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Pros: Response to "Once you shoot hundreds of hours, what are you going to do with the footage? Put it on your hard drive? Well, what if that HD fails? All your movies are GONE! " - Data DVD and BluRay have a longer shelf life than tape for archiving non-tape systems, important for edited footage too! For large backups, you can put hard drives in a safe too. That will save space in the safe, but cost more.
Cons: I respond to this comment in Other Thoughts: "Besides, HD camcorders give you pictures that not as detailed and clear as the tape drive. The black/white sections will be 'blown' and see no details and all your footage is dark and heavy video-like quality because of the compression."
Other Thoughts: The blown black/white thing is partly true (there's a workaround), but format clarity and compression comments are untrue, no disrespect intended. About blown blacks/whites, I think you mean the diff. between YUV (for DV/HDV), and RGB. RGB (non-DV/HDV) allows the full 0-255 range so it's more detailed than HDV, depending on the codec. YUV is usually 16-235, reserving high/lows for SD TV broadcast rules (but HV20 is actually 16-255 - more whites). RGB played back on SD TV causes problems, and must be converted in editing first. BluRay and HD TVs can use the full 0-255 range, so when editing HDV footage for HD, you can stretch the levels for better contrast. For the compression comment, tape, hard drive, and memory cards use compression, but larger formats can use less compression than HDV. Judge by data rate, not format. For hard drive/memory cams using AVCHD, that's similar compression to HDV, and both squish the image prior to encoding, and stretch on playback. I hope this helps!
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Pros: Agree with Chris' review.
Cons: none for me.
Other Thoughts: If you're only interested in home movies and maybe a bit more, then this is a great camera for you.
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Tough to beat, but know what you need it for.
Pros: Price. Great quality in a small, affordable package. Huge and helpful user base. Wide compatibility with editing software. "Hidden" abilities for the determined. Ability to shoot true 24 fps, progressive scan.* Full HD through the HDMI port is great if you can take advantage of it; it's uncompressed unlike the HDV tape, and has twice the color information.** For anyone looking for ways to improve their image quality, this is a NICE feature. Can attach 35mm lenses for selective focus.*** Tweaky people can gain manual control of shutter, focus, AND aperture, with a little homework and hoop jumping. I'd post a url if it was allowed! Just find the forum that is "the model number" dot com.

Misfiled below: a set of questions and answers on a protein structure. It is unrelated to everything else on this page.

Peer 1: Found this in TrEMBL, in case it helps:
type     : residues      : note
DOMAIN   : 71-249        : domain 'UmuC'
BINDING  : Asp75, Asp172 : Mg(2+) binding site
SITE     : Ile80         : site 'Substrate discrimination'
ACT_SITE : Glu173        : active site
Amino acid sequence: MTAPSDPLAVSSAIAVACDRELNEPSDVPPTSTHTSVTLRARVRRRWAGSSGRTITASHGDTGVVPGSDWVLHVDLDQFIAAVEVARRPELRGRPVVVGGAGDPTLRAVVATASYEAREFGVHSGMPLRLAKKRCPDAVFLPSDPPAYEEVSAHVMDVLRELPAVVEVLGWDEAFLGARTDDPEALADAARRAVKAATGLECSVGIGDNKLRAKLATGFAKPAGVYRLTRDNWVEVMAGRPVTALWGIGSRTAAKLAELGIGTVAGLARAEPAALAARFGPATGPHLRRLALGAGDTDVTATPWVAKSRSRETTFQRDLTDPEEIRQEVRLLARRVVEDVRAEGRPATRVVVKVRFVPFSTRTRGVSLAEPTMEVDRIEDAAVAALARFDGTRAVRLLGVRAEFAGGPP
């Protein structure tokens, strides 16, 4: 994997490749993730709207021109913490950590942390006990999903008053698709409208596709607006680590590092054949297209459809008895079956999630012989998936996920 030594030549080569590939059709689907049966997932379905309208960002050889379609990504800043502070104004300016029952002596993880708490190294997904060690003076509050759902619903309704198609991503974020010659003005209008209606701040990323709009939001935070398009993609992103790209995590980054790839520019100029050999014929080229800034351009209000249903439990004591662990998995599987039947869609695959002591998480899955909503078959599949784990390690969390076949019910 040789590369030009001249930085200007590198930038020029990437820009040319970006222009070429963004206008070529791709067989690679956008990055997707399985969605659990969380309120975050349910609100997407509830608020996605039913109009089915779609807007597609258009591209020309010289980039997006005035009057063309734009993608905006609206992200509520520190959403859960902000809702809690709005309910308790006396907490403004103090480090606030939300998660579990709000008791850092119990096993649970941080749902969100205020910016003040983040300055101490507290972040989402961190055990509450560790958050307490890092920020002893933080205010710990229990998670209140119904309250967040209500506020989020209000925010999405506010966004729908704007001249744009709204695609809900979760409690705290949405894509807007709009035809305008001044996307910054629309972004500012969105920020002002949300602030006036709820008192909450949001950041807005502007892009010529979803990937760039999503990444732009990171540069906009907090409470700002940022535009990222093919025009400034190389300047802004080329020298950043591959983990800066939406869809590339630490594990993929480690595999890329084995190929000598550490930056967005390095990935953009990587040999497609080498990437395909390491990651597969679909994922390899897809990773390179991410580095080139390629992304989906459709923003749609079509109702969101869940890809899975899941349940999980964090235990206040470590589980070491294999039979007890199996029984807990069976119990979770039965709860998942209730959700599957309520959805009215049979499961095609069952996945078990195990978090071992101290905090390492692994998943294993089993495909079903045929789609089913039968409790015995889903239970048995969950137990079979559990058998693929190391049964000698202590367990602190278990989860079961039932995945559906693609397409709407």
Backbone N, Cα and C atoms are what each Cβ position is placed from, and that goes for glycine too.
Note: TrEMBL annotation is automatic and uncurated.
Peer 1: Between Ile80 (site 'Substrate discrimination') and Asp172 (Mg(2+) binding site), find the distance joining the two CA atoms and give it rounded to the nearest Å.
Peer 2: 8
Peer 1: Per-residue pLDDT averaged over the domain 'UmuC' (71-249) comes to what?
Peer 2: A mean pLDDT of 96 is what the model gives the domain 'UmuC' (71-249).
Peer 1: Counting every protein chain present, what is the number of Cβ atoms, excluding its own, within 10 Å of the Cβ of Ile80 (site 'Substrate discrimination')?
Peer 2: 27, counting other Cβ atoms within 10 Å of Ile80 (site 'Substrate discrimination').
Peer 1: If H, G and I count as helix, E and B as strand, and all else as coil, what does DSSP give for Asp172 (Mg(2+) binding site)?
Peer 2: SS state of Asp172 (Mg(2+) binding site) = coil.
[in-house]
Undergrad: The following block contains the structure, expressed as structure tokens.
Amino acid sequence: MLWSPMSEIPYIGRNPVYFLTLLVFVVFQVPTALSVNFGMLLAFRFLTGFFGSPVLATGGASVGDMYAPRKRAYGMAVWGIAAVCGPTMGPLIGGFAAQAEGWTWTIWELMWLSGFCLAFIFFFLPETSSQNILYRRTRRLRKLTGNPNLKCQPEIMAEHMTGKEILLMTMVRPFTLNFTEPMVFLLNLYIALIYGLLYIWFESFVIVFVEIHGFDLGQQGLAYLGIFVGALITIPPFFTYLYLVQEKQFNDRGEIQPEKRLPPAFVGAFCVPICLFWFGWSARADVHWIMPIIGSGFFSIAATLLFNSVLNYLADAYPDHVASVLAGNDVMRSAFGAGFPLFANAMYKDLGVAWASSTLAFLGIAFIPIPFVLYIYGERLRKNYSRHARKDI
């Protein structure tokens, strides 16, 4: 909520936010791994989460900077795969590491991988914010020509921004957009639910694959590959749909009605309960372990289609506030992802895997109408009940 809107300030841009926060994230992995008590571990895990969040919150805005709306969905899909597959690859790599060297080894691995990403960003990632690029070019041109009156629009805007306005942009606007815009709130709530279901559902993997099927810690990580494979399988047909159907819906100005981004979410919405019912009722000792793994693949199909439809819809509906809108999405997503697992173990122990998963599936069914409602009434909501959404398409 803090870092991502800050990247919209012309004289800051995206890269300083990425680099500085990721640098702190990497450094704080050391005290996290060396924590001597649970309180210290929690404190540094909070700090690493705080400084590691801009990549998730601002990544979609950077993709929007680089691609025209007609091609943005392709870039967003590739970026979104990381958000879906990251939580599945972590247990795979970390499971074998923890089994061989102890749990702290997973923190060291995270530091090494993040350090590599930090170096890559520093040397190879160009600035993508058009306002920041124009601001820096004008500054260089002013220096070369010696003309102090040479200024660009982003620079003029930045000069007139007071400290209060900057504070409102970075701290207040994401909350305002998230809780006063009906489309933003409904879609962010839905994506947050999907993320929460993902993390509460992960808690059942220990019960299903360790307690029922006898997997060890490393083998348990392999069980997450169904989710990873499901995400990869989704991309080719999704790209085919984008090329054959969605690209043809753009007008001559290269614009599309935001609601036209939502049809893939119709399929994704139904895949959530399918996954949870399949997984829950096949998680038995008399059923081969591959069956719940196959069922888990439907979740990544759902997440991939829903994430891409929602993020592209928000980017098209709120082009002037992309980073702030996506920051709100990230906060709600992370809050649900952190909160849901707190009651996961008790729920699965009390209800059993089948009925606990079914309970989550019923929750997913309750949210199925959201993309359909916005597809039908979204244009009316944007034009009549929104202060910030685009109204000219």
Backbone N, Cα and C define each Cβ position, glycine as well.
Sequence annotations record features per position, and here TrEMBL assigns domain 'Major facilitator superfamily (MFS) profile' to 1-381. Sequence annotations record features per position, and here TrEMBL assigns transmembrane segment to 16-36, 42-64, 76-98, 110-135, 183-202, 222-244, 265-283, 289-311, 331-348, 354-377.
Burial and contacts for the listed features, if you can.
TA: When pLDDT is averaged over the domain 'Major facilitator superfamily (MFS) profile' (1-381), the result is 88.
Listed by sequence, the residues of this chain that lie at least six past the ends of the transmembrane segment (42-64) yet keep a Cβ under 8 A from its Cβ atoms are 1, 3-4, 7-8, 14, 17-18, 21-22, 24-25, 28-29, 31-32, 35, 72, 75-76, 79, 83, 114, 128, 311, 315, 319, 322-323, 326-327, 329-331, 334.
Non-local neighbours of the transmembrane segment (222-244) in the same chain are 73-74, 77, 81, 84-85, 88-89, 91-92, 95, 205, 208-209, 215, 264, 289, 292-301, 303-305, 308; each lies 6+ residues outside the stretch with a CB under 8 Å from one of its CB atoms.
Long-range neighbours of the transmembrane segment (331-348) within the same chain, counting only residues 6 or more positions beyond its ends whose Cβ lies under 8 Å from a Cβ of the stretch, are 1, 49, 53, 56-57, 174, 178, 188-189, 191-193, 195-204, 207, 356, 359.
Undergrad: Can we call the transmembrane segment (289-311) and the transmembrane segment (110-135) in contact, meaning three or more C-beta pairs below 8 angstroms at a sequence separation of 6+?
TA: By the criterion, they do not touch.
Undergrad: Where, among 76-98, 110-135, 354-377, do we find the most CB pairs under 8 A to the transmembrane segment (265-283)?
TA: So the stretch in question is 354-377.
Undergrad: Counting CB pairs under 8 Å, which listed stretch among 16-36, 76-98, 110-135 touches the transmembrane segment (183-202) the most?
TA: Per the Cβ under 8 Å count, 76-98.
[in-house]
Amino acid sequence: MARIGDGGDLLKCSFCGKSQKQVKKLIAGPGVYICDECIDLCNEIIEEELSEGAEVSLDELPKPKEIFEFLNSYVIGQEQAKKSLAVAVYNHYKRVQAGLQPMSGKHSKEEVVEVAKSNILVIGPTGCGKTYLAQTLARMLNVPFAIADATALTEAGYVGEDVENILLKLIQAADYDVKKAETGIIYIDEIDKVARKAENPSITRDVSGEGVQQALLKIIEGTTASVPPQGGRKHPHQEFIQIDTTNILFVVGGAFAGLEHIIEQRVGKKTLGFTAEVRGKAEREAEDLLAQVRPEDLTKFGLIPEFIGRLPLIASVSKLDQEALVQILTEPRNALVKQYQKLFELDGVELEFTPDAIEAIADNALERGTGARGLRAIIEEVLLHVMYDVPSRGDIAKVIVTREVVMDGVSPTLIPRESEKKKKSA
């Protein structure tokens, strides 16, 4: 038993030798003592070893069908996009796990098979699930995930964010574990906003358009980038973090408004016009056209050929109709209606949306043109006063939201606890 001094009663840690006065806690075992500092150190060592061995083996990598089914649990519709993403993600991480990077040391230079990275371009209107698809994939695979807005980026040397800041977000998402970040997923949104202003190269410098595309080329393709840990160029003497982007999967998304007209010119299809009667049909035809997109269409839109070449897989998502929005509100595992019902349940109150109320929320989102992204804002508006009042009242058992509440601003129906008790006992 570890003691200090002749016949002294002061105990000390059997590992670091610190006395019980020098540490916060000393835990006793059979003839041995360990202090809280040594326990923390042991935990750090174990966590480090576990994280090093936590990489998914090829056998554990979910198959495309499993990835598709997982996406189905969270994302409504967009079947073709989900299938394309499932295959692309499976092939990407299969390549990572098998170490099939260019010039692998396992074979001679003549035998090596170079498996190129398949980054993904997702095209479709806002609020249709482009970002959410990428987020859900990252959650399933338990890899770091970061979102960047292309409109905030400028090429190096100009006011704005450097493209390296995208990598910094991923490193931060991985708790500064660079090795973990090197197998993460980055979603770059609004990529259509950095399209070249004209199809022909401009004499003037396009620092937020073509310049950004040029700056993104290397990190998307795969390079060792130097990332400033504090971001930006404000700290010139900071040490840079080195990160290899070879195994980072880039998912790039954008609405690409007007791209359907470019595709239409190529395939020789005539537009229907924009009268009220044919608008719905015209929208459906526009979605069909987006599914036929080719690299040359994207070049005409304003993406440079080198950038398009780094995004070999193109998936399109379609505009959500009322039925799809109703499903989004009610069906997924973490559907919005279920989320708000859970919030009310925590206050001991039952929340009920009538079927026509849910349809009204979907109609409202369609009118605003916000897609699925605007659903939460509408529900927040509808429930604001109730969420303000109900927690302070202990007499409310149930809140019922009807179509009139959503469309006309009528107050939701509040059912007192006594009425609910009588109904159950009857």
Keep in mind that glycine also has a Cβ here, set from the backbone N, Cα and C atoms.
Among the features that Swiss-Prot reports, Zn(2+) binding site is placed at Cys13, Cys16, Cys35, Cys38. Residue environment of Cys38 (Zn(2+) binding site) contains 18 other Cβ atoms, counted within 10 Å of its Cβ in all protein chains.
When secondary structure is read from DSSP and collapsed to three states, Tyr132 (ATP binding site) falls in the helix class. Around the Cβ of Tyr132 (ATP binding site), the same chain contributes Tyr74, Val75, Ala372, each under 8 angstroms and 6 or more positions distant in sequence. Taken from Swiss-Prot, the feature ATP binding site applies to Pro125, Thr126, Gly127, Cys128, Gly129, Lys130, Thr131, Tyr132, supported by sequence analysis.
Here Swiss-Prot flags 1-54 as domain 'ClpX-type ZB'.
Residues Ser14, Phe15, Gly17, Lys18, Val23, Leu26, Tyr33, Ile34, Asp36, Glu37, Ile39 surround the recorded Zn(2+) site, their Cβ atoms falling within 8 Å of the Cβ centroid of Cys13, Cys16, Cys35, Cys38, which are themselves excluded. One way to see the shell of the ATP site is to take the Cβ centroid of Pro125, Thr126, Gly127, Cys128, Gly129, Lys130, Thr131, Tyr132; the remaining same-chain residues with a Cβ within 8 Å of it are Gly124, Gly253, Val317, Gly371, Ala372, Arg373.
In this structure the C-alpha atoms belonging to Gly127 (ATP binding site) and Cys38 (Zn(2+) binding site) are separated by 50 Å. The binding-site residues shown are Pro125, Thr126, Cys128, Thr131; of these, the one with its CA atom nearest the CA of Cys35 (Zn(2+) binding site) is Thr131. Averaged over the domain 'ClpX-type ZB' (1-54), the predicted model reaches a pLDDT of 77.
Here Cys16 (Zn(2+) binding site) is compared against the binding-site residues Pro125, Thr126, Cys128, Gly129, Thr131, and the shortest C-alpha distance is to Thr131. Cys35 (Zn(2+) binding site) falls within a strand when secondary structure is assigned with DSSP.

Cons: Low light image grainy unless you use the aperture trick. "Hidden" abilities require time, effort, or money to use. *24p recording is both sent to HDMI and saved to tape in a 60i "wrapper" that editing software doesn't convert properly to true 24p, because Canon doesn't put pulldown flags in the data stream. There is 3rd party free and pay software that can sense the pulldown cadence and capture true 24p at much larger file sizes for editing. **1920x1080 full resolution CMOS only available through HDMI port, NOT on tape drive. The HDV format is 1440x1080 by definition. The sensor captures full HD and sends it out the HDMI port unharmed, but the signal to tape is compressed and squished to 1440. On playback the pixels are stretched back to 1920 for proper 16:9 ratio. Some loss of sharpness horizontally, but the lens might not resolve that well anyway. The stock image is good in spite of compression and squishing. ***35mm lens mounts can be expensive but there are DIY solutions.
Other Thoughts: Very good quality for the close to no budget filmmaker, but you'll need editing software, and either time to learn a free way to capture 24p, or money. Using the HDMI port requires either a VERY jacked computer, or a portable dedicated capture device that costs more than the camera. If you don't plan to do lots of effects and green screen stuff, you'll be happy with stock HDV footage. With care, you can still do effects and green screen stock as well, but it's less flexible. If your goal is home movies and no fancy tweaking, you'll love it. If you are tweaky, patient, and budget extra money/time, you could also be in heaven. It's an exciting product, and I feel the buzz is justified.
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“Price. Great quality in a small, affordable package. Huge and helpful user base. Wide compatibility with editing software. ...”— Chris L. 6/13/2008
“Agree with Chris' review.”— no one ya know 6/30/2008